Science Daily: Comets and Asteroids

History of Titan's landscape resembles that of Mars, not Earth

In a paper published in Science, researchers report that Titan, like Mars but unlike Earth, has not undergone any active plate tectonics in its recent past. The upheaval of mountains by plate tectonics deflects the paths that rivers take. The team found that this telltale signature was missing from river networks on Mars and Titan.

NASA mission uncovers a dance of electrons in space

NASA's MMS mission studies how electrons spiral and dive around the planet in a complex dance dictated by the magnetic and electric fields, and a new study revealed a bizarre new type of motion exhibited by these electrons.

Icy ring surrounds young planetary system

ALMA has made the first complete millimeter-wavelength image of the ring of dusty debris surrounding the young star Fomalhaut. This remarkably well-defined band of rubble and gas is likely the result of exocomets smashing together near the outer edges of a planetary system 25 light-years from Earth.

Space weather events linked to human activity

Human activities, like nuclear tests and radio transmissions, have been changing near-Earth space and weather, and have created artificial radiation belts, damaged satellites and induced auroras.

How hard did it rain on Mars?

Heavy rain on Mars reshaped the planet's impact craters and carved out river-like channels in its surface billions of years ago, according to a new study. Scientists show that changes in the atmosphere on Mars made it rain harder and harder, which had a similar effect on the planet's surface as we see on Earth.

Space weather model simulates solar storms from nowhere

A kind of solar storm has puzzled scientists for its lack of typical warning signs: They seem to come from nowhere, and scientists call them stealth CMEs. Now, scientists have developed a model simulating their evolution.

Chemical engineer explains oxygen mystery on comets

A chemical engineer who normally develops new ways to fabricate microprocessors in computers has figured out how to explain a nagging mystery in space -- why comets expel oxygen gas, the same gas we humans breathe.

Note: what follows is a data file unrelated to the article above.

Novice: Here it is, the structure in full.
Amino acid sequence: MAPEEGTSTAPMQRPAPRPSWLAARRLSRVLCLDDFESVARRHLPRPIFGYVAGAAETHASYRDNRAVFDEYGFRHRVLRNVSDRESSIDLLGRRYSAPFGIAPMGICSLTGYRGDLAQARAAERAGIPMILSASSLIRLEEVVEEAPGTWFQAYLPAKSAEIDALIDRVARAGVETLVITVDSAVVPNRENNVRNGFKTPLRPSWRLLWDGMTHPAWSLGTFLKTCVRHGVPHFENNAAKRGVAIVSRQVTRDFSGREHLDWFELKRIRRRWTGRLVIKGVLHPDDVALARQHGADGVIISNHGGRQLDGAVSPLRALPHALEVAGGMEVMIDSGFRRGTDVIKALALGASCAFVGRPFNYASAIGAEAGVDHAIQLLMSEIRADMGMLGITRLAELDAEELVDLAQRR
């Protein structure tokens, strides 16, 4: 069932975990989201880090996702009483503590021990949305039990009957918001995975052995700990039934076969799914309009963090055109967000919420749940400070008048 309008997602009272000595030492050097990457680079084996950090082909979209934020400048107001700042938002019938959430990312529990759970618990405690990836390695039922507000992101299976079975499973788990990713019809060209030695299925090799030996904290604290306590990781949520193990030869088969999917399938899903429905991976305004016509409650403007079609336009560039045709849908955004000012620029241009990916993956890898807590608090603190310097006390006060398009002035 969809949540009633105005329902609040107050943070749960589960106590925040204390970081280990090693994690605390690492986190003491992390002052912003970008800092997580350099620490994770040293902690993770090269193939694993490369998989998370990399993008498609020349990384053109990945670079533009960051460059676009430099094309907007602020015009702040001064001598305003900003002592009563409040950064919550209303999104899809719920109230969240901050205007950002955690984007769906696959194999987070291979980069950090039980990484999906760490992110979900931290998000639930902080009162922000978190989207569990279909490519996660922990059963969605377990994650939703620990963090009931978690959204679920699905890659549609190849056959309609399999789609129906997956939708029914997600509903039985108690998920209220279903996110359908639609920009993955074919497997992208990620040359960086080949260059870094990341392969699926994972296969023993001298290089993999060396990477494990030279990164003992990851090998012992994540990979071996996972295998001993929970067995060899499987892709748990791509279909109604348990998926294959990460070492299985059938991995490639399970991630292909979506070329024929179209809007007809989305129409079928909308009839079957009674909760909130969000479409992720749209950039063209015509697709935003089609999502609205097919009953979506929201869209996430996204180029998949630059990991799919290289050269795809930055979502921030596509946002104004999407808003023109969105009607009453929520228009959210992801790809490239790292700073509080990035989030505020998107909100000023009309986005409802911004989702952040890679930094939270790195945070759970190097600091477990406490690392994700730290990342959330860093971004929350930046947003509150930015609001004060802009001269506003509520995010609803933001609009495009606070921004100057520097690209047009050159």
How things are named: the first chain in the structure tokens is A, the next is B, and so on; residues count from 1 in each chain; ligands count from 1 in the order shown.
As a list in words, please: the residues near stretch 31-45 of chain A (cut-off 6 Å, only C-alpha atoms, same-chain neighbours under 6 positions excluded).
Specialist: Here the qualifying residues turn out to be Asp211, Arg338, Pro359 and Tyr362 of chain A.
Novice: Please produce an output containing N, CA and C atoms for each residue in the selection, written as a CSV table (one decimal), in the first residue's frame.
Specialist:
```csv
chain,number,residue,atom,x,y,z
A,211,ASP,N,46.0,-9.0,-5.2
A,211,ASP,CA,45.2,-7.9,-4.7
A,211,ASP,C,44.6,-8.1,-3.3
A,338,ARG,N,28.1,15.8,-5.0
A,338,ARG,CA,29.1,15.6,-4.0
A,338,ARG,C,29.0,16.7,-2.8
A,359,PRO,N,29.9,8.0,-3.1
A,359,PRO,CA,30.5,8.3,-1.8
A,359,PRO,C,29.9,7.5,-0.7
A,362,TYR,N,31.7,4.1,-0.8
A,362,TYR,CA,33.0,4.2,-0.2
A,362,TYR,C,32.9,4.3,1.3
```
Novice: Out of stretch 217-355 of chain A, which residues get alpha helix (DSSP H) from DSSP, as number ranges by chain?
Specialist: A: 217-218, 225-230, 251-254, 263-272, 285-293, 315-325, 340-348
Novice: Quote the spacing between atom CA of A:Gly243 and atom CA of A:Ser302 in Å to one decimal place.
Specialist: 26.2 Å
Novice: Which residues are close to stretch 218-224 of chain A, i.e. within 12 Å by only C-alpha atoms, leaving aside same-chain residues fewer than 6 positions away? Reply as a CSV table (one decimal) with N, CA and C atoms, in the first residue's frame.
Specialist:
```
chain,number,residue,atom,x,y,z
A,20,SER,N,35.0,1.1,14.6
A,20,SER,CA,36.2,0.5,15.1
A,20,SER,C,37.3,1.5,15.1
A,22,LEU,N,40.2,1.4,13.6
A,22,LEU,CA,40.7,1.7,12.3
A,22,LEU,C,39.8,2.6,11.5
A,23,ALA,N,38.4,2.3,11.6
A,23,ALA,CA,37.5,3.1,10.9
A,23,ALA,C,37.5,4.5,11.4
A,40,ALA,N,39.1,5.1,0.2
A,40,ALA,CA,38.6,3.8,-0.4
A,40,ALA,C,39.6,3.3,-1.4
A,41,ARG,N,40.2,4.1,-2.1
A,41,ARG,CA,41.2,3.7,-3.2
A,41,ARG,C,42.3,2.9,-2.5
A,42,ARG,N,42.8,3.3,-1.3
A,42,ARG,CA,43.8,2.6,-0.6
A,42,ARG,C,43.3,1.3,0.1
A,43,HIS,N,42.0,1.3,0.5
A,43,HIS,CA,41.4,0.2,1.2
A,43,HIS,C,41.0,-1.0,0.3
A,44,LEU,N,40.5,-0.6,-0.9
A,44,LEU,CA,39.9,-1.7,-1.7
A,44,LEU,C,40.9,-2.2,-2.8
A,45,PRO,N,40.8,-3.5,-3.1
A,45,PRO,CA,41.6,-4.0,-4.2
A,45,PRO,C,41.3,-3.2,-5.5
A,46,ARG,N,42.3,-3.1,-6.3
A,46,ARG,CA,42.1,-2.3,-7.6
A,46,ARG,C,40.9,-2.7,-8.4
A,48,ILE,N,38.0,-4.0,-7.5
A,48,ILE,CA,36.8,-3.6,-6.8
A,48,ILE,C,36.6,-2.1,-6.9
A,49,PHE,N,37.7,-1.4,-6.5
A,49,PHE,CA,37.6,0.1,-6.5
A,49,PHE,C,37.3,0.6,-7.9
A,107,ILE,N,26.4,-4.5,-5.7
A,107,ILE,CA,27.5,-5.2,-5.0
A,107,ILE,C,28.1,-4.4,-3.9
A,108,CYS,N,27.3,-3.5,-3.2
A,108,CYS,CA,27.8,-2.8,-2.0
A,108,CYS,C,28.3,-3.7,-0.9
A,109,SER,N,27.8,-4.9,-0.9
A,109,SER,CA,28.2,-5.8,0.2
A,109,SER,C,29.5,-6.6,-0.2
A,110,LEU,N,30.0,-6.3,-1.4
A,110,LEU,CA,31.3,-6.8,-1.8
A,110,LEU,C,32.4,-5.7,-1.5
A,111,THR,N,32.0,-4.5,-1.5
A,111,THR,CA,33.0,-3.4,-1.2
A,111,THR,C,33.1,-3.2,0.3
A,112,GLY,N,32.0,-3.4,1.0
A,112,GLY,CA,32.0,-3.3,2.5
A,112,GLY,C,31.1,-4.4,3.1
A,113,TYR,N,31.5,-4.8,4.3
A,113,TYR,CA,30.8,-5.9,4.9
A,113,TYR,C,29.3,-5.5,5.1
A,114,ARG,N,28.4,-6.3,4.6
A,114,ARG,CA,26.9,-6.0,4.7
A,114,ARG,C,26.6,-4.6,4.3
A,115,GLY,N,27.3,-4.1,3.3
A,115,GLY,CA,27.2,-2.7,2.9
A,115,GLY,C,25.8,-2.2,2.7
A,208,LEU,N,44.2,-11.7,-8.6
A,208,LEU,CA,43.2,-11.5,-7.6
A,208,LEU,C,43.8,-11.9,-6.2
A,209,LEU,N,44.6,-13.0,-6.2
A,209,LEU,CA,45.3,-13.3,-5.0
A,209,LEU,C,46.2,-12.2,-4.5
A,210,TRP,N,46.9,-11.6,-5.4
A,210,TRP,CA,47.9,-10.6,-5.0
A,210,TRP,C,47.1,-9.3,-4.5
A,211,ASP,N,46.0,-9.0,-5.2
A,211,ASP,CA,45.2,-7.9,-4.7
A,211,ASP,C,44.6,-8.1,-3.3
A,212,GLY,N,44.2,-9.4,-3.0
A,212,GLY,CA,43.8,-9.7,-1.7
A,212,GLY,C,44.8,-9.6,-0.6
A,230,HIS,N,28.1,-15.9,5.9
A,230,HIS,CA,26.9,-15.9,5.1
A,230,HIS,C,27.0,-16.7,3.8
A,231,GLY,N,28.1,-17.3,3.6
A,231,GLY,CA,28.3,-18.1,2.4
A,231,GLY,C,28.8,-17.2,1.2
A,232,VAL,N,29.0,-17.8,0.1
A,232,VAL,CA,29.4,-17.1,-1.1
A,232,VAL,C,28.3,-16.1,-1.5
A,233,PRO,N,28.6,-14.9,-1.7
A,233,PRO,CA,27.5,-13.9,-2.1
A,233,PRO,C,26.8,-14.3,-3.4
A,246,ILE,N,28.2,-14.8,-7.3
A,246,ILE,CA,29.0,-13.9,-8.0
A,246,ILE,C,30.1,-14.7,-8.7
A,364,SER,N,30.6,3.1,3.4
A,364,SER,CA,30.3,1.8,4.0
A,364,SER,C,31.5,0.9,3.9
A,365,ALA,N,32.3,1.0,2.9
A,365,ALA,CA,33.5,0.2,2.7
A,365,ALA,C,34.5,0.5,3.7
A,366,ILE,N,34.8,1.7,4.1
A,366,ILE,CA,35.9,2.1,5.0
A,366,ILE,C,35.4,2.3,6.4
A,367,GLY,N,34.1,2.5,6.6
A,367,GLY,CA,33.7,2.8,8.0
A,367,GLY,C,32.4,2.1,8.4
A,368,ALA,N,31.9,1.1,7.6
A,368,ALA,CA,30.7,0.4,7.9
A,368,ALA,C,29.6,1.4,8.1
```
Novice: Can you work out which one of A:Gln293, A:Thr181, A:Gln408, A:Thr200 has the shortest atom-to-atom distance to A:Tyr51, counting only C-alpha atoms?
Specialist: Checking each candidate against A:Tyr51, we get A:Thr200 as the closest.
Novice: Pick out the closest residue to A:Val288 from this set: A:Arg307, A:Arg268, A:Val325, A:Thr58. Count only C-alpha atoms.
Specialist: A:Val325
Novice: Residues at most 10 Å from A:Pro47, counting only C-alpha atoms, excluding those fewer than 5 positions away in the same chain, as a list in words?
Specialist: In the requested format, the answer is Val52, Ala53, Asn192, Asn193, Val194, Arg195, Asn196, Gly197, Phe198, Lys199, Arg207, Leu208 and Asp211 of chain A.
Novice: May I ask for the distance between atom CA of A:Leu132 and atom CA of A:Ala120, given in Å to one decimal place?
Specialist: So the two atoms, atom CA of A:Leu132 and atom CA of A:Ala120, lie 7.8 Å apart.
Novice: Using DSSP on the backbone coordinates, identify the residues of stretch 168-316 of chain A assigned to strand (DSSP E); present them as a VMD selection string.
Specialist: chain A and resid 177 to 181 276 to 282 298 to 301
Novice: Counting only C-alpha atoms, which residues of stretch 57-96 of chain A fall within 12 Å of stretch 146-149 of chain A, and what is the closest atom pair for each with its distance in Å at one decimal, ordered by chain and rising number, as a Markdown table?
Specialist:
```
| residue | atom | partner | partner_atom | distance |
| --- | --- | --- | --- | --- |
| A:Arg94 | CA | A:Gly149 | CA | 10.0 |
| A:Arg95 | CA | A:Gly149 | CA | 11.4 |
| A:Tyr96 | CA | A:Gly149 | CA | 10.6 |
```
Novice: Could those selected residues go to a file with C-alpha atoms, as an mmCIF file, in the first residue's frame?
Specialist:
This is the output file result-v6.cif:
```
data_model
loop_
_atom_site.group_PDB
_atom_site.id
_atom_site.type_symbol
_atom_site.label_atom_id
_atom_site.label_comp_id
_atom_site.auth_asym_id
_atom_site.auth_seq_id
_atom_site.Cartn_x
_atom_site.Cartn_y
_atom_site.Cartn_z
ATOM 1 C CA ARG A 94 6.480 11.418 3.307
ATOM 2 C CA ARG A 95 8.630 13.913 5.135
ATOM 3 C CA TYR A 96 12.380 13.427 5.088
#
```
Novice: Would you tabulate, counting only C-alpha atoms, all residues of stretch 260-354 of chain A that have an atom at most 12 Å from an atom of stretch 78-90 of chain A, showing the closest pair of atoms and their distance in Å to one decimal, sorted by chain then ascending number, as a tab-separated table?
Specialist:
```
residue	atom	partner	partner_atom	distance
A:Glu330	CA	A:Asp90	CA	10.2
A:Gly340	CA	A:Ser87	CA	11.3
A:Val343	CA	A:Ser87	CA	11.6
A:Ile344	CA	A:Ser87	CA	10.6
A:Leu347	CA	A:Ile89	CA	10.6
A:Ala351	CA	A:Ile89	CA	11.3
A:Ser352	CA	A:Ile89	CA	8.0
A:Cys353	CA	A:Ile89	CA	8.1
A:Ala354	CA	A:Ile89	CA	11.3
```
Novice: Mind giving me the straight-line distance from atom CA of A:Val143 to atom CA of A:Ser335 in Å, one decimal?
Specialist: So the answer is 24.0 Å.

Ancient meteorite impact sparked long-lived volcanic eruptions on Earth

Large impacts were common on the early Earth and were likely much more important than previously thought in shaping our planet. The findings raise interest in the possibility of volcanism also shaping similar structures on Mercury, Venus, Mars and the Moon.

VISTA peeks through the Small Magellanic Cloud's dusty veil

VISTA's infrared capabilities have now allowed astronomers to see the myriad of stars in the Small Magellanic Cloud galaxy much more clearly than ever before. The result is this record-breaking image -- the biggest infrared image ever taken of the Small Magellanic Cloud -- with the whole frame filled with millions of stars.

Nearby star is a good model of our early solar system

Scientists have confirmed a nearby star's planetary system contains separate belts of asteroids, similar to our own solar system. The star is also about one-fifth the age of our sun. All that makes this star a good model of the early days of our solar system.

Why space dust emits radio waves upon crashing into a spacecraft

When spacecraft and satellites travel through space they encounter tiny, fast moving particles of space dust and debris. If the particle travels fast enough, its impact appears to create electromagnetic radiation that can damage or even disable the craft's electronic systems. A new study uses computer simulations to show that the cloud of plasma generated from the particle's impact is responsible for creating the damaging electromagnetic pulse.

Hubble's bright shining lizard star

The bright object seen in this Hubble image is a single and little-studied star named TYC 3203-450-1, located in the constellation of Lacerta (The Lizard). The star is much closer than the much more distant galaxy.

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